May 21, 2020

MACRO: The politics of contact tracing

BY Teneo Macro, Luis Cornago

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In this piece, we summarize the politics surrounding the contact tracing strategies of selected governments (please click on ‘View PDF’ below to see a summary table).

As countries exit from lockdowns and ease restrictions, contact tracing – identifying persons who could have been in contact with confirmed Covid-19 cases – could help to avoid second outbreaks. Mobile contact tracing apps might play an important role in this regard, together with manual contact tracing through interviews by public health officials. For this to be effective, however, a high testing capacity is also necessary. In the absence of a vaccine, a successful “test, track and trace” strategy might be the only possibility to reactivate the economy and restart social life, at least partially.

However, contact tracing and testing capacity vary by country, as do the political and logistical challenges that governments face. Contact tracing apps are already widely used in Asian countries such as China, India and South Korea. Some European countries are also aiming to roll them out between May and June. That is the case in Germany, Italy, France and the UK.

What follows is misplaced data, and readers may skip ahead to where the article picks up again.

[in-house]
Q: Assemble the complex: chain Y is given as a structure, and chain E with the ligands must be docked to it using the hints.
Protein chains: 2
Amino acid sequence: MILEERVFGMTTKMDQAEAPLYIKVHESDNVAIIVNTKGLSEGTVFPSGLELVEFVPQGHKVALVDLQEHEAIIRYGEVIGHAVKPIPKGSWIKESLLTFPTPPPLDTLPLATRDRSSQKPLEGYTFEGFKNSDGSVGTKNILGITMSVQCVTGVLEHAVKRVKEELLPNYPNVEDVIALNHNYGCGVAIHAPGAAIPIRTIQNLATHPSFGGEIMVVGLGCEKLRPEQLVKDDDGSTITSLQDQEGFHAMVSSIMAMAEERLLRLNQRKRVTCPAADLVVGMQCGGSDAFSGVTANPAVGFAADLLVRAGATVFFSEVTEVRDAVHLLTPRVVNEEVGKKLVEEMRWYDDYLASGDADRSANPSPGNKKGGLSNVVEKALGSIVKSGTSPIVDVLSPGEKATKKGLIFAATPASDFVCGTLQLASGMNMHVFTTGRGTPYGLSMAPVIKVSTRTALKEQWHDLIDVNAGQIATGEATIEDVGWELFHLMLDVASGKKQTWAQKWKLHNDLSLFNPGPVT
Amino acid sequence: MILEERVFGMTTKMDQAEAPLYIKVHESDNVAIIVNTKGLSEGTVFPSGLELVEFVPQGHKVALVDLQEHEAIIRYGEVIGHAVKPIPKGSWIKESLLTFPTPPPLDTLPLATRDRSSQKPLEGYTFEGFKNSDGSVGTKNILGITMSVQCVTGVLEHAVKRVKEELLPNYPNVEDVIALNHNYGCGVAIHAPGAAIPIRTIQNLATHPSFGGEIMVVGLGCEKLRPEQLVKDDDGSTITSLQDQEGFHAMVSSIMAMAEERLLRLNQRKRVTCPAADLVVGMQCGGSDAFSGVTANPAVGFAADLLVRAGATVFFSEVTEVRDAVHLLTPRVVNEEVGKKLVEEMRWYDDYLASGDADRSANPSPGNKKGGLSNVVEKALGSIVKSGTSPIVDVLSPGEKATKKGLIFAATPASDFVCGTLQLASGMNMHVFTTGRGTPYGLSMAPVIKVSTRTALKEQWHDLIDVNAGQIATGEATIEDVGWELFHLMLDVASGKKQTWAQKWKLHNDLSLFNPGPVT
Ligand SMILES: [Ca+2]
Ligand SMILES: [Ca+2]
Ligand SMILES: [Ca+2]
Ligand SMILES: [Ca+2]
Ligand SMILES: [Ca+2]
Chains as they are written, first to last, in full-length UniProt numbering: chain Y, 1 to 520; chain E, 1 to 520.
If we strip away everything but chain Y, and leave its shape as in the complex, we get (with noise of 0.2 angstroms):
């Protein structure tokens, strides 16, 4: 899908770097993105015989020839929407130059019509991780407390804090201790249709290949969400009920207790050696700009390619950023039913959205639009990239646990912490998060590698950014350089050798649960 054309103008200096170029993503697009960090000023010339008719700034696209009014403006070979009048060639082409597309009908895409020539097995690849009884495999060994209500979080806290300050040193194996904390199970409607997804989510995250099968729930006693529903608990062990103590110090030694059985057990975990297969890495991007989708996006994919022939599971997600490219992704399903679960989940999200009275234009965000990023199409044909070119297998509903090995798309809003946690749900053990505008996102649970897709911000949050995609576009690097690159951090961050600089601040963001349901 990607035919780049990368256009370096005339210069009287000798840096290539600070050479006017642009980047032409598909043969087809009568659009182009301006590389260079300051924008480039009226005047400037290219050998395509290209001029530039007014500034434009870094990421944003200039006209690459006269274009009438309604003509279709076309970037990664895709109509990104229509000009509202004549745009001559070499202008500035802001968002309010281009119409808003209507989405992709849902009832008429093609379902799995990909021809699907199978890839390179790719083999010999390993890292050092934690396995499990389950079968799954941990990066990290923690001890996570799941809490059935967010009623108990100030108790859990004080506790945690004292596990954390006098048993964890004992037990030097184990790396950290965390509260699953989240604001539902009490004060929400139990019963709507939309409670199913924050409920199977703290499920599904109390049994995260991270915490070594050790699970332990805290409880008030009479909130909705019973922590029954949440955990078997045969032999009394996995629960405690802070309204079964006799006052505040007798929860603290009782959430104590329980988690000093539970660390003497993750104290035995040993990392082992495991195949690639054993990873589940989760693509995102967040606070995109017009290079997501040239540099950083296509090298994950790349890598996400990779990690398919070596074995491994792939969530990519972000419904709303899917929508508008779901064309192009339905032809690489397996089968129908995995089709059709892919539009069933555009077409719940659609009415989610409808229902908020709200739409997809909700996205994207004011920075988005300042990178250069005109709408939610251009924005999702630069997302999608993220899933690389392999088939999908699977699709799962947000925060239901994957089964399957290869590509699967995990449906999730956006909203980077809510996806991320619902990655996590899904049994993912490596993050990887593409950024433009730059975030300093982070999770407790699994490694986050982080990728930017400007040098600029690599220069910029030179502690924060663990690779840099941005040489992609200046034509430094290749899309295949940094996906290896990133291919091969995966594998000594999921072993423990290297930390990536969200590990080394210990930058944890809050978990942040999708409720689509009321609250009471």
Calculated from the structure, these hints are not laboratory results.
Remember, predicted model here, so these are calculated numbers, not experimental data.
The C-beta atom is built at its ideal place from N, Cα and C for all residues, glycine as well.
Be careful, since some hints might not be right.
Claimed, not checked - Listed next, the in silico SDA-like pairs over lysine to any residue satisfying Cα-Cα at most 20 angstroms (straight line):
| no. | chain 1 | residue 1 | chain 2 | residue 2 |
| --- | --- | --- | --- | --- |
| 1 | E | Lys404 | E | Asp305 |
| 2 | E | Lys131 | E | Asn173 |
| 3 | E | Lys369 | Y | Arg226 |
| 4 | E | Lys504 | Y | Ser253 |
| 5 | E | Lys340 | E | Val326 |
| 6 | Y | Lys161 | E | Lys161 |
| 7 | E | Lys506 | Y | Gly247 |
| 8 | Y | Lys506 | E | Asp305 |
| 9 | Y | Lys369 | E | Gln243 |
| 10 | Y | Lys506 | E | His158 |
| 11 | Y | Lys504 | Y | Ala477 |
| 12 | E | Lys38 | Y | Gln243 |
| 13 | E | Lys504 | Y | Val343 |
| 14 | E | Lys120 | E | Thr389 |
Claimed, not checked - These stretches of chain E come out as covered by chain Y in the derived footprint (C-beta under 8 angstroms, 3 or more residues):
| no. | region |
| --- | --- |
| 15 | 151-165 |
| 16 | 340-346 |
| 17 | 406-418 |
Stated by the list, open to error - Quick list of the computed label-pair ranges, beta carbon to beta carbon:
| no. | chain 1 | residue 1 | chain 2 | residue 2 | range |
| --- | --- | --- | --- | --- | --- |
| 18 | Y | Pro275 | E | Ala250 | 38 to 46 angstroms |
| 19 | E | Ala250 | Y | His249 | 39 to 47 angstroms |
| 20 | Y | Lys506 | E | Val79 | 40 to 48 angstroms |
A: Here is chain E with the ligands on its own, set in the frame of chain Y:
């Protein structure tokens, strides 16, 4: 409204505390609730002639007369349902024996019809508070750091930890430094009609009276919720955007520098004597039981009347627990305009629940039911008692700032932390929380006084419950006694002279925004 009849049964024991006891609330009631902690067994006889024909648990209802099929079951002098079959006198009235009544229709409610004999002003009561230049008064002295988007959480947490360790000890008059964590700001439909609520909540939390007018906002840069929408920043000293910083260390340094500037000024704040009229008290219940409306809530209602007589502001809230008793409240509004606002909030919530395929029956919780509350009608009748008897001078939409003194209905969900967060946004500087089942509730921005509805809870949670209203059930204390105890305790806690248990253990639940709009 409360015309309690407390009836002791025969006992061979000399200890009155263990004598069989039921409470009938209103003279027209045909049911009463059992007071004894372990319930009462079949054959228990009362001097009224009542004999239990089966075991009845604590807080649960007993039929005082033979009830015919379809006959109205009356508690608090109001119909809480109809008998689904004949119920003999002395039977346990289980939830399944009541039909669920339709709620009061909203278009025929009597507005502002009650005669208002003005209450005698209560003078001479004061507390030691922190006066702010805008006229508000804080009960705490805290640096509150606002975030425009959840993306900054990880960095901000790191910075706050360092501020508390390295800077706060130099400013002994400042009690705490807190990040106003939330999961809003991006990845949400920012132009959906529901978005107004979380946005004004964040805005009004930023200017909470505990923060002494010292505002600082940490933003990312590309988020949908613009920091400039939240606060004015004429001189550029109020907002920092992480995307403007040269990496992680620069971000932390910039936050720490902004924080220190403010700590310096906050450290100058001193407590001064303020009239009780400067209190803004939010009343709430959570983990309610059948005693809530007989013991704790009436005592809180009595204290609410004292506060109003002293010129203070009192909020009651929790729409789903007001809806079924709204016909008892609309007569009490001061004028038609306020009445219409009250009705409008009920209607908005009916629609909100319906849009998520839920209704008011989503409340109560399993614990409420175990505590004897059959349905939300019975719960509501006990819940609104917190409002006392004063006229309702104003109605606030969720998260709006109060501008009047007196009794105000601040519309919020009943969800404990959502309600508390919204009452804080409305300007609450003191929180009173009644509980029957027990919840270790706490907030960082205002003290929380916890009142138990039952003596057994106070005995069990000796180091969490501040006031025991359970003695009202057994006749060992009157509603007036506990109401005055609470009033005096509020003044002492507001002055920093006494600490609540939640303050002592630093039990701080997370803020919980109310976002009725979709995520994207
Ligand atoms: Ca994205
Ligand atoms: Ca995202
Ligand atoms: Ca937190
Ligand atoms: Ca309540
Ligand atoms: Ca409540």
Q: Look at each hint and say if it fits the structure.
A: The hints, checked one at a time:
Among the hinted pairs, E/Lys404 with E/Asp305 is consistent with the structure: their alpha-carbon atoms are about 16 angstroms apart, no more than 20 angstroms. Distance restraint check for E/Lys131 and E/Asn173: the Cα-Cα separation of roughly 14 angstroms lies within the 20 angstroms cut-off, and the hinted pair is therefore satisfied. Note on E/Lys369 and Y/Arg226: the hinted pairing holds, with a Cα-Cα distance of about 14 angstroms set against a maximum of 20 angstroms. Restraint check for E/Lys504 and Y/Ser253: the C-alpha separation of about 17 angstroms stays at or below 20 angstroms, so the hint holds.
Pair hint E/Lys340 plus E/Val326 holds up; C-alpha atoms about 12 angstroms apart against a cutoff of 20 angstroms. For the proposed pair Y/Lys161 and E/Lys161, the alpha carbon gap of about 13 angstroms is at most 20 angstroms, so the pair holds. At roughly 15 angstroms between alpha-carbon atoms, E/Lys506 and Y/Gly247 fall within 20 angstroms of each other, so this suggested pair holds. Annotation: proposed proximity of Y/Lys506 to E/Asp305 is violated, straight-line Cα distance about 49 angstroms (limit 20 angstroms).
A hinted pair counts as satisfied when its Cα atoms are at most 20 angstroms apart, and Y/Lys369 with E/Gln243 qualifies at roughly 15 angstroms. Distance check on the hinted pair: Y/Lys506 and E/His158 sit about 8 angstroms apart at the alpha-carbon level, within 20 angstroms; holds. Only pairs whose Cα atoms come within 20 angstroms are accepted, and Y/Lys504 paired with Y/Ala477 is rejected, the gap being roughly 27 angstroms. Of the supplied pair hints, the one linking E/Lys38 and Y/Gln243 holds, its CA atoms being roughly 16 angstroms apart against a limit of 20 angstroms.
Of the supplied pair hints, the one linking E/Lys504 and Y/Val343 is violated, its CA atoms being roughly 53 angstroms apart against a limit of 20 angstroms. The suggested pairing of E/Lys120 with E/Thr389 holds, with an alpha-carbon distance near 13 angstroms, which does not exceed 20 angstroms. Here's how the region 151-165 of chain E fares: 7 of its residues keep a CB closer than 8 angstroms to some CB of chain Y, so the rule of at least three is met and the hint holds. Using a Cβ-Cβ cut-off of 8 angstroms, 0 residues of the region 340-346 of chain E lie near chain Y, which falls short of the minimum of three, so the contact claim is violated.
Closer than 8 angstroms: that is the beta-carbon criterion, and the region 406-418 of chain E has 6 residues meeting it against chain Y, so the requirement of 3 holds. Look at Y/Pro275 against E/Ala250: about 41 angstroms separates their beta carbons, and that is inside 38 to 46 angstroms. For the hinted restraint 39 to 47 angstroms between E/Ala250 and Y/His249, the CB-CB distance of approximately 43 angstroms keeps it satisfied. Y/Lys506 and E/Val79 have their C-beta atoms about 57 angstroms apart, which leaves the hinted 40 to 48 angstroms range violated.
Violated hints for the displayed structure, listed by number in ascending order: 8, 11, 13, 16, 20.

The efficacy of such apps has yet to be established, however. First, privacy concerns have risen not only in developed economies but also in India and Turkey, where distrust towards public authorities may deter people from downloading contact-tracing apps. Second, the apps’ effectiveness will depend on how many citizens agree to download them – experts suggest that these are only effective if at least 60% of people in a given population use them. In addition, tracing the elderly through these apps is particularly challenging given their lower ownership of mobile-internet subscriptions.

Human contact tracers will also be vital in the deescalation phase. In fact, apps tend to complement human contact-tracing efforts – this has been the case in South Korea and China. Countries are often less transparent about the number of manual contact tracers, although many governments seem to be increasingly aware of their importance (e.g. France, United Kingdom, Spain).

More worryingly, in Brazil, Mexico and Indonesia – three countries that have started to ease lockdowns without having the pandemic under control – the number of human contact tracers is still limited or unknown. In South Africa and Nigeria, where contact tracing apps are logistically not viable, human contact tracing is crucial to the governments’ strategy; community health workers have been on the frontline as manual contact tracers for years in these two countries, dealing with other diseases or epidemics.

Lastly, testing capacity has been ramped up in most countries since the beginning of the outbreaks. However, it is still lagging in many countries. There are still places where only those with symptoms and meeting specific criteria – admitted to hospital, came into contact with a known case, returned from overseas – are tested (please click on ‘View PDF’ below to see the summary table.)

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